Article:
Malaysian transgenders fail in bid to declare anti-cross dressing unconstitutional

Malaysian transgenders fail in bid to declare anti-cross dressing unconstitutional
Representatives from the cross dressing community outside the Federal Court room.
PHOTO: The Star

PUTRAJAYA: The Federal Court has ended three transgenders' bid to declare an anti-cross dressing law unconstitutional, on grounds that improper channels were used.

The panel lead by Court of Appeal president Justice Md Raus Sharif allowed the Negri Sembilan state government's preliminary objection that the wrong mode was used by the transgenders to mount a legal challenge.

Justice Md Raus ruled on Thursday that the Court of Appeal and High Court had no jurisdiction to hear the application, as they should have applied through Article 4(3) of the Federal Constitution.

This meant that the earlier judgment need not be heeded, leaving the Negri Sembilan enactment legal to criminalise cross dressing.

The five-man panel also included Justices Hasan Lah, Ahmad Maarop, Azahar Mohamed, and Zaharah Ibrahim.

On Jan 27, the Federal Court granted the Negri Sembilan government leave to appeal, allowing one question of law: on whether Section 66 contravened Articles 5(1), 8(1), 8(2), 9(2), 10(1)(a) of the Federal Constitution.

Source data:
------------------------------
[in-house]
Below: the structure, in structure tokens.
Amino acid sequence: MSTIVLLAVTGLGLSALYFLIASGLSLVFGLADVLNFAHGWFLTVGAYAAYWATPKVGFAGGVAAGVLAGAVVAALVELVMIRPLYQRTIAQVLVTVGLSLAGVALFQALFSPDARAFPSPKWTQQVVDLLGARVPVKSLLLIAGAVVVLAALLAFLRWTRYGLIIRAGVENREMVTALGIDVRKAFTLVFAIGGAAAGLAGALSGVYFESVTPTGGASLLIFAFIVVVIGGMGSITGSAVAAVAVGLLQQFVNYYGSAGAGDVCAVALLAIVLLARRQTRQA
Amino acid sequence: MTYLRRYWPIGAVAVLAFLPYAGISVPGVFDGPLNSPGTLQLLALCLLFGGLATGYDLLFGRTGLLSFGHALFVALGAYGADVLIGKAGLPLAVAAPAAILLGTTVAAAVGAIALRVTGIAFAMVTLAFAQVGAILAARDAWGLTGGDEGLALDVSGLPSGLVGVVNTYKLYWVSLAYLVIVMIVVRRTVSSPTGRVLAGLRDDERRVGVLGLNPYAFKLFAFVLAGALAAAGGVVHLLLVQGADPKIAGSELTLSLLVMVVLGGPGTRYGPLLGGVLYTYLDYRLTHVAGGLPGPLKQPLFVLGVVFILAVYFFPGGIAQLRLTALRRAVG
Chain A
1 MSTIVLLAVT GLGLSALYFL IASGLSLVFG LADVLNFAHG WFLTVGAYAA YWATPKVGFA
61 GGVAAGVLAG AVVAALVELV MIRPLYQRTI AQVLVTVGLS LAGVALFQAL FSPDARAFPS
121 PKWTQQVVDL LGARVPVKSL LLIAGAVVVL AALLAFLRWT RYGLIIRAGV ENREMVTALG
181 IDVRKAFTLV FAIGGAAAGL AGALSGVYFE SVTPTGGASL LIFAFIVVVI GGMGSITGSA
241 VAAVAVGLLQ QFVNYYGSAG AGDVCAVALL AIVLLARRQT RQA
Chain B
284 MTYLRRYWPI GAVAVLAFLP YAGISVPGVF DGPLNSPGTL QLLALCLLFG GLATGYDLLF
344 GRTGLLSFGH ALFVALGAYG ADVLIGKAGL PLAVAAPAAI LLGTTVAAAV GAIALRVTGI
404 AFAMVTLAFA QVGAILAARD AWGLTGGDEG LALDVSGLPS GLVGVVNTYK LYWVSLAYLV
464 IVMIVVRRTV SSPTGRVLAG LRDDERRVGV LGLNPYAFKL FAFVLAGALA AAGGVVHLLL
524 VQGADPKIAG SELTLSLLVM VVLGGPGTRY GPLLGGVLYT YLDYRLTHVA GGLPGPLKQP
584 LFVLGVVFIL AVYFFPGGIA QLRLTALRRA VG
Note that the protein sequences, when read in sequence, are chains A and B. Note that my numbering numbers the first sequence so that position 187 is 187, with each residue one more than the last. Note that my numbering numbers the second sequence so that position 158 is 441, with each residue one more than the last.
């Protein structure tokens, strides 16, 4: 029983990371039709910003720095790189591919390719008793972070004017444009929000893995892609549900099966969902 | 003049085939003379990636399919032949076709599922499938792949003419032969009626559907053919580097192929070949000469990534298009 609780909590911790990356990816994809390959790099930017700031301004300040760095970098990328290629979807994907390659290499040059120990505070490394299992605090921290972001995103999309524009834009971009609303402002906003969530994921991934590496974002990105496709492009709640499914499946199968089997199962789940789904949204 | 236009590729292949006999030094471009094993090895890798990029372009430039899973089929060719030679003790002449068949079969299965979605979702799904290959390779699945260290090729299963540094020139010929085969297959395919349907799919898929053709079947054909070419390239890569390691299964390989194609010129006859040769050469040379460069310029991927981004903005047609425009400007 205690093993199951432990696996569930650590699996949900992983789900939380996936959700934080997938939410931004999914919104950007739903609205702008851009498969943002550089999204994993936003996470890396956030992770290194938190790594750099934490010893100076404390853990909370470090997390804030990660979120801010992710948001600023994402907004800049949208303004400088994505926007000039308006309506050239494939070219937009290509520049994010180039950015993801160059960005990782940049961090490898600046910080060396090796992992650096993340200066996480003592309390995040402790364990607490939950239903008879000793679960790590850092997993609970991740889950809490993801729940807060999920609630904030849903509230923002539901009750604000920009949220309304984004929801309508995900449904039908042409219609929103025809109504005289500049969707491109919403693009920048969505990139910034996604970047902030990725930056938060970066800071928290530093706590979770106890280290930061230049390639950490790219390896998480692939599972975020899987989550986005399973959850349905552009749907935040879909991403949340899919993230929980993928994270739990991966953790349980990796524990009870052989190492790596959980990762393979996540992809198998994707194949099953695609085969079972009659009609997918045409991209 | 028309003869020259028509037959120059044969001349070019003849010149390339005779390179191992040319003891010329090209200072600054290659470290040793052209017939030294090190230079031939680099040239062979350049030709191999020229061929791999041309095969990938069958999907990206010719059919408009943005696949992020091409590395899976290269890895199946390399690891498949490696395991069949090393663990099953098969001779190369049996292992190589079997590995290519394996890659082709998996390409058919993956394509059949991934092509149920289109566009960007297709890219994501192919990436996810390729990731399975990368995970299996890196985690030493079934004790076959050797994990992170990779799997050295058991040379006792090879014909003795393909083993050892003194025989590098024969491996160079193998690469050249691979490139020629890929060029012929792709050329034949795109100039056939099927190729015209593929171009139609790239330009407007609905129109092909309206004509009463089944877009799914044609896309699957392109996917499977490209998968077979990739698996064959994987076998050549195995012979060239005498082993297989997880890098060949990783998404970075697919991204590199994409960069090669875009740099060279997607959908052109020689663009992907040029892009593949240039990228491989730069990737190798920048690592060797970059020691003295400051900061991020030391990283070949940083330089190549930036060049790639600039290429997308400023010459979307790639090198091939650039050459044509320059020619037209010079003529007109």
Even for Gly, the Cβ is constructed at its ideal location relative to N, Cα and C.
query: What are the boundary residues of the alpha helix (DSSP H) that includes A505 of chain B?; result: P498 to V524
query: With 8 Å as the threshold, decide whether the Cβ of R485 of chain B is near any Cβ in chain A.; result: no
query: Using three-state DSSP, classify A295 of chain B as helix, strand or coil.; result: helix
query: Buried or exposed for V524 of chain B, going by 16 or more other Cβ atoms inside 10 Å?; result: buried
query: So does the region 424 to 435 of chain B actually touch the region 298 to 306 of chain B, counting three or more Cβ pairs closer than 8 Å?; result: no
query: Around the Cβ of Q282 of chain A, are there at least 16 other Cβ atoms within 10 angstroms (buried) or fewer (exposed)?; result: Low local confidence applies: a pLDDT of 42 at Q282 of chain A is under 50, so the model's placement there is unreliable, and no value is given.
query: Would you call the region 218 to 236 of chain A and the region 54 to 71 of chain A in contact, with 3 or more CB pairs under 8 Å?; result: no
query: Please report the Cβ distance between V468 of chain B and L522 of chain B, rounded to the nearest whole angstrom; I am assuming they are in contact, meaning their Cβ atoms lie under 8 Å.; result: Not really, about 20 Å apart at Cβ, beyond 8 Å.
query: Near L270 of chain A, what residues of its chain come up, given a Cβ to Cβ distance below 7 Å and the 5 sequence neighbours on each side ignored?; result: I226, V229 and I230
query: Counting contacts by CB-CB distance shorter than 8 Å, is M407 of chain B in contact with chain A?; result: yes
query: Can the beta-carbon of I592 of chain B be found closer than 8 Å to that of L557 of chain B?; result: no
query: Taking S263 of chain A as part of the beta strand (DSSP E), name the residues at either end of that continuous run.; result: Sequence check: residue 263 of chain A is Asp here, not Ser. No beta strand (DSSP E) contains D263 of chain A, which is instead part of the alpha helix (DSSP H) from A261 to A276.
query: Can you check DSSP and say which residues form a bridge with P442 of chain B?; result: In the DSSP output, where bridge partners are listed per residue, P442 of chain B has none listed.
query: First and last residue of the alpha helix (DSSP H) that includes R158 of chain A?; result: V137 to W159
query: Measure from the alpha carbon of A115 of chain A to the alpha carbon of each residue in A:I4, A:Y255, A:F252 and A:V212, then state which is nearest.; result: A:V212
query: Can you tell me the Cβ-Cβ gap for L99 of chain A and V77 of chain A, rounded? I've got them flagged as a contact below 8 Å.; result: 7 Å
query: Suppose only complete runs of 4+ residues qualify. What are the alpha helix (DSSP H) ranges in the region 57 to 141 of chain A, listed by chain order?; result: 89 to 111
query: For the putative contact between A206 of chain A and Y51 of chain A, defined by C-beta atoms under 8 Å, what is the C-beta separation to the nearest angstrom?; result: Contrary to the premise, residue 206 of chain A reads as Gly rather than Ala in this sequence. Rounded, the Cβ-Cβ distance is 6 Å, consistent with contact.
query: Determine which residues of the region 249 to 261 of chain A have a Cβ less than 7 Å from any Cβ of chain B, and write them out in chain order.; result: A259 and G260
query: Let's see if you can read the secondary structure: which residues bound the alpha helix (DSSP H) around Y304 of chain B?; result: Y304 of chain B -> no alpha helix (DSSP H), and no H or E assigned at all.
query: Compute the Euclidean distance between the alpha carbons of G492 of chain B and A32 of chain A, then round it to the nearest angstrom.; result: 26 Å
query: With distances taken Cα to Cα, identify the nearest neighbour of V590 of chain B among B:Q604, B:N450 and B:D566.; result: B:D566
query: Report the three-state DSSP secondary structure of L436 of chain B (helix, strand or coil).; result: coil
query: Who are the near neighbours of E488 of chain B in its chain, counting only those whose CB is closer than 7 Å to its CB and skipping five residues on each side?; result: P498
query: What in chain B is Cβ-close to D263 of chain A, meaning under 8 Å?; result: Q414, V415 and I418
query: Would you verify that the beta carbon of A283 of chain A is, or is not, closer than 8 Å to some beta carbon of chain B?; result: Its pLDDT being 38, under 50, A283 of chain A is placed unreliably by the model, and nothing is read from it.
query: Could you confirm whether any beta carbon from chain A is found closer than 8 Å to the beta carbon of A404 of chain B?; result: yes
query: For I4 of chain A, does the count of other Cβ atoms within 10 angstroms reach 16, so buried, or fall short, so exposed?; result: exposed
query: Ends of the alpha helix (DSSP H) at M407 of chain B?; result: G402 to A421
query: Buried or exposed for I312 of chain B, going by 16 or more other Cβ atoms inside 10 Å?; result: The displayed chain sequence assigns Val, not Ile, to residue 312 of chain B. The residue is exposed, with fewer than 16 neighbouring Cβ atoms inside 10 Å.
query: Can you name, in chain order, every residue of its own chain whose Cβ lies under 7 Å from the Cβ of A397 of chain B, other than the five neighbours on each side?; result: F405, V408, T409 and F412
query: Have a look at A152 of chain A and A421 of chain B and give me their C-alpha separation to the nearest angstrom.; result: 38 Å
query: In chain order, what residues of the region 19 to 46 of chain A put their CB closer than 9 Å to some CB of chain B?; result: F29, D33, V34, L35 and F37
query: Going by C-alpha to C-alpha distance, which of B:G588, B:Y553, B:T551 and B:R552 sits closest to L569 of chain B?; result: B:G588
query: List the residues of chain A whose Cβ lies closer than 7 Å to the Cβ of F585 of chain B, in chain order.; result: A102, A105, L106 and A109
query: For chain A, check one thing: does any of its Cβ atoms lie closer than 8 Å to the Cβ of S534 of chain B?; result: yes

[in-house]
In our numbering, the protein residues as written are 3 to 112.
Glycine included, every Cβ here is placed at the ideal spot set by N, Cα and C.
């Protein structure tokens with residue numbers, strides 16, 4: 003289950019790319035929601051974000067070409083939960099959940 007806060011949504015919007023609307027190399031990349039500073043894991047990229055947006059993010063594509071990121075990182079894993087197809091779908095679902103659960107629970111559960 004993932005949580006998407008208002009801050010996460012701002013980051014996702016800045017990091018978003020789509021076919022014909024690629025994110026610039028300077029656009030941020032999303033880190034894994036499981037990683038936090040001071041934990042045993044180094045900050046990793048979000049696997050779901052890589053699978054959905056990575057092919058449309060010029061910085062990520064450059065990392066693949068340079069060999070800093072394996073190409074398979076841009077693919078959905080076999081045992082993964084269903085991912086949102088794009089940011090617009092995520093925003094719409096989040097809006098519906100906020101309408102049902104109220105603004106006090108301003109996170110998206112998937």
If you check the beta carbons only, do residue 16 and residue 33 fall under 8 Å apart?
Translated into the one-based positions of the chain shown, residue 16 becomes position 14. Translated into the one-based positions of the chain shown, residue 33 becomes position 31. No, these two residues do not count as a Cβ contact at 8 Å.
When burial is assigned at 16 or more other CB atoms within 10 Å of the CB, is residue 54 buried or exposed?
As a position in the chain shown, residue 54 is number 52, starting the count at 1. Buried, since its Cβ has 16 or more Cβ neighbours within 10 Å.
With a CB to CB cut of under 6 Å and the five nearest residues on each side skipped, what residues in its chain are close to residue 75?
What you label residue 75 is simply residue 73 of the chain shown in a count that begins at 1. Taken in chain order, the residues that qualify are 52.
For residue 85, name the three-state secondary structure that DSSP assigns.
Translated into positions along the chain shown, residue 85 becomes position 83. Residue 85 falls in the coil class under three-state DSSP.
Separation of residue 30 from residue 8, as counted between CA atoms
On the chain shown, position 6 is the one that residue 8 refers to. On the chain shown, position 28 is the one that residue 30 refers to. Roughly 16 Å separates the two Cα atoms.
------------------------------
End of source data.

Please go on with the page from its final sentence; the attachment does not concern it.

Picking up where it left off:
On Nov 7, last year, the Court of Appeal panel lead by Justice Mohd Hishamudin Mohd Yunus made the landmark ruling that criminalising cross-dressing for Muslims was an unreasonable restriction of individuals' freedom of expression.

This reversed the Seremban High Court's decision on Oct 11, 2012 to dismiss a judicial review by three transgenders - Muhamad Juzaili Mohd Khamis, 26, Shukor Jani, 28, and Wan Fairol Wan Ismail, 30 - against the Syariah Enactment.

The trio sought to obtain a declaration that Section 66 of the Syariah Criminal (Negri Sembilan) Enactment 1992 was invalid as it was not inline with fundamental freedoms enshrined.

Currently, Section 66 allows the Syariah Court to punish any man who dresses or poses as a woman with up to six months in prison or be fined a maximum RM1,000.

 

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